How to Learn Scales (for the very first time.)

Posted: September 8, 2013 in Piano

Are you learning how to play scales on the piano for the very first time?

It isn’t easy to do. It is not impossible either. Let me give you a few tips.

1. Start on the easy key: Db. The fingers can find all the right notes easily.

2. Stop saying “I can’t. I can’t. I can’t”. When a lesson is too difficult, it is easy to give up. It is important to know WHAT to give up though. it is more accurate to say, “I am not learning this the correct way!” Don’t give up trying: give up trying the wrong way.

3. Let’s apply this to the Db scale. Forget the thumbs for a second. (Right Hand) Place the #2 and #3 fingers on Db and Eb. Play them at the same time. Now find the left hand notes an octave below. #3 plays Db; #2 plays Eb. Again, play both notes at the same time.

4. Okay, now in the right hand, play the next 3 black notes with fingers #2, #3, #4. In the left, it is #4, #3, #2. Play all 3 notes in both hands at the same time. Now we know where the fingers go. Two black notes, then three black notes.

5. Now let’s do the thumbs. The thumbs are going to go on the same notes (even though the fingers are reversed in each octave.) Those notes are F and C. Let’s learn this part in small steps. Proceed to 6.

6. Play the first two notes in each octave at the same time, then swing the thumb under and play the F. Swing the fingers over and play all 3 black notes at the same time. (Gb, Ab, Bb). then sneak that thumb under and play the C. The important part here is to always play the black notes in each group at the same time.

Play (Db, Eb) F (Gb, Ab, Bb) C…and repeat.

If this gives you trouble, play (Db, Eb) F (Gb, Ab, Bb) F (Db, Eb) F (Gb, Ab, Bb) F (Db, Eb) F (Gb, Ab, Bb) to get used to the placement of the thumb on F. Next, play (Gb, Ab, Bb) C (Db, Eb) C (Gb, Ab, Bb) etc. This helps learn the second placement of the thumb. When you learn this, go back to the first drill.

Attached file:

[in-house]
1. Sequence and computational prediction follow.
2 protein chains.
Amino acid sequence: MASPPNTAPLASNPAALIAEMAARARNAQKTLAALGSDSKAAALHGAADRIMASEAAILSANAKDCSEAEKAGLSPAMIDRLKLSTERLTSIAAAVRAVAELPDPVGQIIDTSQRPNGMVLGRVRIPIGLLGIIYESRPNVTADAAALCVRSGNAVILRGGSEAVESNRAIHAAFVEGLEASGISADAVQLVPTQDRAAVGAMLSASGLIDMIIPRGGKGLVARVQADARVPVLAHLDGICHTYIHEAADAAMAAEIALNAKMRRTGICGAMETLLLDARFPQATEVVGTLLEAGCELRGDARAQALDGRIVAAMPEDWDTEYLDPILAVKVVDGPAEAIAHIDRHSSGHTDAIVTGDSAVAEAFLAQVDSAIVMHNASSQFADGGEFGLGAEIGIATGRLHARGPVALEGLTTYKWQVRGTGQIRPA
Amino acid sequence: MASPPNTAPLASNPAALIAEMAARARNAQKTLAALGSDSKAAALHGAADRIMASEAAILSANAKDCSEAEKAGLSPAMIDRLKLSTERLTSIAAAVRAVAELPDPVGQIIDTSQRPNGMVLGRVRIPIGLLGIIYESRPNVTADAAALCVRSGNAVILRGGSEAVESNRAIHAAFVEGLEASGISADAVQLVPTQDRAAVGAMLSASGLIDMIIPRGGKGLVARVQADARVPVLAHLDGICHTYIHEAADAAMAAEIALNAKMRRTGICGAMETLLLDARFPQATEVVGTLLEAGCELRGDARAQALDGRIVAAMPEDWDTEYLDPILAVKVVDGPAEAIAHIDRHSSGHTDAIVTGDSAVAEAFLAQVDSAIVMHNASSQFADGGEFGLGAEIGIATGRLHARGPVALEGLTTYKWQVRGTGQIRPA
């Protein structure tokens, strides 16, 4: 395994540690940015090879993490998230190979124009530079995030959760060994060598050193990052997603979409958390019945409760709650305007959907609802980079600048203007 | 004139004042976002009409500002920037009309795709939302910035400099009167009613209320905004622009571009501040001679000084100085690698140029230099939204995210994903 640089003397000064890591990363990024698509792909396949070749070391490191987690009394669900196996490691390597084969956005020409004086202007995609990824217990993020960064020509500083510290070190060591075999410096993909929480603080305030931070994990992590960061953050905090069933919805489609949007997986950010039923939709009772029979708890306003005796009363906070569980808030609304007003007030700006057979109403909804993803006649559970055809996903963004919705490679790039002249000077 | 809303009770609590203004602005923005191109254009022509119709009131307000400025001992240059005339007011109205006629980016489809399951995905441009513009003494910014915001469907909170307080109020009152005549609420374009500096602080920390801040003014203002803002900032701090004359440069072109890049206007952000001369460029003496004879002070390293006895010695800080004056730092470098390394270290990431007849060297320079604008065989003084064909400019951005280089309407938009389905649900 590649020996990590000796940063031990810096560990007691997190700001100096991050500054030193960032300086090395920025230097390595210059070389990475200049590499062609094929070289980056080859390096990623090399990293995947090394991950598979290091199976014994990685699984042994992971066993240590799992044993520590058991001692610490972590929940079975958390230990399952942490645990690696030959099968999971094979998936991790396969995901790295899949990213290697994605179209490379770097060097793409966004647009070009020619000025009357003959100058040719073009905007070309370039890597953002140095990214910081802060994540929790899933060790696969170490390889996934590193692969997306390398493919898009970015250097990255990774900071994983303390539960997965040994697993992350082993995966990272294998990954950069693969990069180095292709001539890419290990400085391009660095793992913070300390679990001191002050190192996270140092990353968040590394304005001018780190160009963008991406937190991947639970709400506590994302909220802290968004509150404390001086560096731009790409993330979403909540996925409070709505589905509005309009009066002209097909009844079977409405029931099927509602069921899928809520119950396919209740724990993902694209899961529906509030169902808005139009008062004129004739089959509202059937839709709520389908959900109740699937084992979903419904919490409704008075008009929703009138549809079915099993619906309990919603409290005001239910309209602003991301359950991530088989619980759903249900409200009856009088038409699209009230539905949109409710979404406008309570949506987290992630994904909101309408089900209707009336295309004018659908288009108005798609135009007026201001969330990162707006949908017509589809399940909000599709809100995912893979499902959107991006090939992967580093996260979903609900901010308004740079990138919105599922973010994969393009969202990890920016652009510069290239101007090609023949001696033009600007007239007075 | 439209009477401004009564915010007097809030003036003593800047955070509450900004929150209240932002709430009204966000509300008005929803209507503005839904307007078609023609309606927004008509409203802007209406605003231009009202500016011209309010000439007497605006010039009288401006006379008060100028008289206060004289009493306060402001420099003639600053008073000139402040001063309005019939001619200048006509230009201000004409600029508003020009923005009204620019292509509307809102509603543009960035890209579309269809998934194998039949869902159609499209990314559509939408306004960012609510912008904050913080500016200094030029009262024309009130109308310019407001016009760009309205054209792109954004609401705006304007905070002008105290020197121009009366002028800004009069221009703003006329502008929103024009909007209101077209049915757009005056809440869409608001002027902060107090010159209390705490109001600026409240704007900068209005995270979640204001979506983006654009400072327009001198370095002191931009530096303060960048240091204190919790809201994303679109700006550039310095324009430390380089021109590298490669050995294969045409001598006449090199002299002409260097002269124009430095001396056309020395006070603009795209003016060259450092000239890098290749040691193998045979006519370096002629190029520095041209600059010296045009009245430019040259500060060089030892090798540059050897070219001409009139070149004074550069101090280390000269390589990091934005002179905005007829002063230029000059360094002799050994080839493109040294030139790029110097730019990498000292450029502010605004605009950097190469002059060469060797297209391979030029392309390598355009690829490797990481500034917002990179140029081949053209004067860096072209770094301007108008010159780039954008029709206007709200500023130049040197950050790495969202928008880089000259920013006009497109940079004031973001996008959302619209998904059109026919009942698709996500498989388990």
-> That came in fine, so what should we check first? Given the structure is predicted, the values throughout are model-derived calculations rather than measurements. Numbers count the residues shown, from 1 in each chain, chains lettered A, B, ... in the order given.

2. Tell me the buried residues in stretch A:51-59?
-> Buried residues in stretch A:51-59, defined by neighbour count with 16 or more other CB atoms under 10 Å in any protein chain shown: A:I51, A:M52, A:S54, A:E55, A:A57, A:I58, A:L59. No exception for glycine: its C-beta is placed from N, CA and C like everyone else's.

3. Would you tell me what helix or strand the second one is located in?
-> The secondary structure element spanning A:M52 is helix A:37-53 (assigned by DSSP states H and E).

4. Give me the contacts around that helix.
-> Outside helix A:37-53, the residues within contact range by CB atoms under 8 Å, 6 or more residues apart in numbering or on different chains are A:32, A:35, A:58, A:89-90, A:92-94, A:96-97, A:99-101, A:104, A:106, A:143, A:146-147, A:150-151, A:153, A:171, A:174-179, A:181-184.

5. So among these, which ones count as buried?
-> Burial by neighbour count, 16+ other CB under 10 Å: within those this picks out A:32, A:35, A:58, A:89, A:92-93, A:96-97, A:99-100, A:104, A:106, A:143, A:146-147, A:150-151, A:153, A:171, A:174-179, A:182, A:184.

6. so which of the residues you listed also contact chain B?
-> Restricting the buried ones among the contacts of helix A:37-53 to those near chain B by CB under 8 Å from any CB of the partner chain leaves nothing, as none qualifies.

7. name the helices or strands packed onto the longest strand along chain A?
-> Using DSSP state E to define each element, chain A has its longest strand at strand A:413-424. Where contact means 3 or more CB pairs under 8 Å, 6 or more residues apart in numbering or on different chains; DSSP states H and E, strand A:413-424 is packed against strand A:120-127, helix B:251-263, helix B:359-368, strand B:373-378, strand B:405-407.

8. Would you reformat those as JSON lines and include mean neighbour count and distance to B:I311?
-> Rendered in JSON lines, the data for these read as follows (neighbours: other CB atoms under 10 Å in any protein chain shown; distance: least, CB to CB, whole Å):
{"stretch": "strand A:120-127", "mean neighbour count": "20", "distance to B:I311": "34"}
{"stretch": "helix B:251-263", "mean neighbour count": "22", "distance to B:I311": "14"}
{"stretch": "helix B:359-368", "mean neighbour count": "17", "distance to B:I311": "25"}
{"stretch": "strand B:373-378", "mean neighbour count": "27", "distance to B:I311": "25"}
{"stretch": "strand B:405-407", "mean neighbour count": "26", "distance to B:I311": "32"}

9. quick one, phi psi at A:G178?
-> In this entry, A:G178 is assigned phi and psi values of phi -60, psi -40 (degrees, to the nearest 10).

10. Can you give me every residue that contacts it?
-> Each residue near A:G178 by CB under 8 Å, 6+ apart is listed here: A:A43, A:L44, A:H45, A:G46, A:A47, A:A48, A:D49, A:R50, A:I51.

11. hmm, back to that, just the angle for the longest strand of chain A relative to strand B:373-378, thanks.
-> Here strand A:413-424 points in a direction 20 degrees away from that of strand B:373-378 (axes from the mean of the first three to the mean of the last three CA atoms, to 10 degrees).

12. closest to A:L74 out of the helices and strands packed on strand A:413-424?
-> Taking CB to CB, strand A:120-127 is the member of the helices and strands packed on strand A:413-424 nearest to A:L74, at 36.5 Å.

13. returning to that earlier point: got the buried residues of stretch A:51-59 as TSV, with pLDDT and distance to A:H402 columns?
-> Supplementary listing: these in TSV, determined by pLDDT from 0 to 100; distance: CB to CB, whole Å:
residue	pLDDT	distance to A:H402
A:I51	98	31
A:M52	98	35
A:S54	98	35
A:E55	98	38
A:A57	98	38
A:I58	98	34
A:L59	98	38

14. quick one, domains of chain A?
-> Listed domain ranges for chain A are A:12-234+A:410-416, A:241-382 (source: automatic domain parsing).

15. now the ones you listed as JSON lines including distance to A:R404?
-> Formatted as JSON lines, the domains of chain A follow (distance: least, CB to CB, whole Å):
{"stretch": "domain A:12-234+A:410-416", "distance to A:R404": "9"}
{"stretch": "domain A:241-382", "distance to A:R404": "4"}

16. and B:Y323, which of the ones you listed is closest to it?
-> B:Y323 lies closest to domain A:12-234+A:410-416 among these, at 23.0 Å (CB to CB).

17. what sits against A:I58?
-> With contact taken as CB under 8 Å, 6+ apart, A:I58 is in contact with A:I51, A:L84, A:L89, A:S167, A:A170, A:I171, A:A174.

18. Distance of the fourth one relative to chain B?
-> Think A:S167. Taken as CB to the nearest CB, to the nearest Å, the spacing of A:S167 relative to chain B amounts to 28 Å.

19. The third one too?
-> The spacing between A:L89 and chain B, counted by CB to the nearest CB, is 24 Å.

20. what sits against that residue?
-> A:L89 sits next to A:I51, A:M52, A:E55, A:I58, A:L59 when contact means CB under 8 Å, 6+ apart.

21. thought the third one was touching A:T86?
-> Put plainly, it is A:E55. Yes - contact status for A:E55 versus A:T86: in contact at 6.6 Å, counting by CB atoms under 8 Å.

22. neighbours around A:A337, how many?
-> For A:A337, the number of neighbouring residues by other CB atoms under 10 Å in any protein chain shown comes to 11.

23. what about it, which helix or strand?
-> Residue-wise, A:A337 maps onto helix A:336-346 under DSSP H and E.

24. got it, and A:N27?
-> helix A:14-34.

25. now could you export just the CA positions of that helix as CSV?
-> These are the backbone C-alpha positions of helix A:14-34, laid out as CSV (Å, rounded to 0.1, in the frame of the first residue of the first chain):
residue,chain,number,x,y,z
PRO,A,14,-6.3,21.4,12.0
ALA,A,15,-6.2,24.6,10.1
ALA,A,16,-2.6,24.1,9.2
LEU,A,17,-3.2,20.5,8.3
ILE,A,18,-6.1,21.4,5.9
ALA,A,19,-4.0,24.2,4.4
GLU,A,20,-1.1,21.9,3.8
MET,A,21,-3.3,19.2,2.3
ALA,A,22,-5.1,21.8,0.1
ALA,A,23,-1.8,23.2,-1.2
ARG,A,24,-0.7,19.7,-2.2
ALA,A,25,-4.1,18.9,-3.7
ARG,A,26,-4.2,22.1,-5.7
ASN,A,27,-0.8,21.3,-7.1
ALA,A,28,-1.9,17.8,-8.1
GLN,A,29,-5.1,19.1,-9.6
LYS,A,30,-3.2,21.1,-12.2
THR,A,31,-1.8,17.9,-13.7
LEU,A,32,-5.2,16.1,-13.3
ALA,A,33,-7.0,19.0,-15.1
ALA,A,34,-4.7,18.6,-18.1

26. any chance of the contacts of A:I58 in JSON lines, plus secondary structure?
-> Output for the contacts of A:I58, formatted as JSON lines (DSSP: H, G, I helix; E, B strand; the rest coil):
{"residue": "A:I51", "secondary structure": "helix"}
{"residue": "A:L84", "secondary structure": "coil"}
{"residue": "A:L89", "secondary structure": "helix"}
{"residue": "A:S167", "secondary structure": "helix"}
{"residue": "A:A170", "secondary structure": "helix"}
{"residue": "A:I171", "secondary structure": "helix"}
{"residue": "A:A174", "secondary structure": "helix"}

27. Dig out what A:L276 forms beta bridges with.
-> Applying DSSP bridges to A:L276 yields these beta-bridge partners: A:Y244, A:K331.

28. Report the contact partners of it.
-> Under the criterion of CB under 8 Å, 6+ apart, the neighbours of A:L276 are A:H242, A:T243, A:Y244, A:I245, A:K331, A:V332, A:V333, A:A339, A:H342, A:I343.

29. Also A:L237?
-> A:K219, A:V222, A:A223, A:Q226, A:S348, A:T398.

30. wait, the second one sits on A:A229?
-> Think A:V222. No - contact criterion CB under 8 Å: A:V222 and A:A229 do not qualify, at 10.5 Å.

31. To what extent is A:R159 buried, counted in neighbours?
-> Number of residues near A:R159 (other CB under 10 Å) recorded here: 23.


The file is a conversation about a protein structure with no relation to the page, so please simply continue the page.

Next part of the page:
7. Play the drill slowly so you can feel the rhythm that occurs when you move the thumb to the F and then the C. The important thing here is to make sure that you are hitting the right notes. If you make a mistake – SLOW DOWN. After you do it correct a few times, SPEED UP, a little bit. If you make a mistake, SLOW DOWN AGAIN. What is happening is that your brain is memorizing where you want your fingers to go. It takes about ten repetitions for your brain to learn.

8. Okay, now you play the drill slowly up and down 5 or 6 octaves. Next it is time to separate the finger assignments.

9. Db, Eb, F (thumb). STOP. Repeat 10 times.

10. Eb, F, Gb. STOP. Repeat ten times.

11. Db, Eb, F, Gb. STOP. Repeat ten times.

12. Db, Eb, F, Gb, Ab, Bb, C. STOP. 10Xs.

13. Bb, C, Db, Eb etc.

14. As you feel more comfortable with each small unit of the scale, you will notice that your hand starts to move more easily. When this happens, add more notes, one at a time if that is what you need to do.

15. Remember to play slowly and carefully. You are just training your brain. If you get sloppy and train your brain the wrong way, you will have to repeat the exercise many more times.

Will the brain remember where you want your fingers to go?

Yes. Guaranteed!


  1. Kent, thank you so much for this lesson! I decided to have another go at learning how to play the piano better and the next day you posted this EXTREMELY HELPFUL blog post. I never thought about Db major like this before and I’m excited to be playing it with increasing ease. You are the first to introduce me to playing the black keys in groups of 2 and 3 with the thumb to link them together on the two natural notes in the key. I am experiencing the piano with new eyes, heart and ears.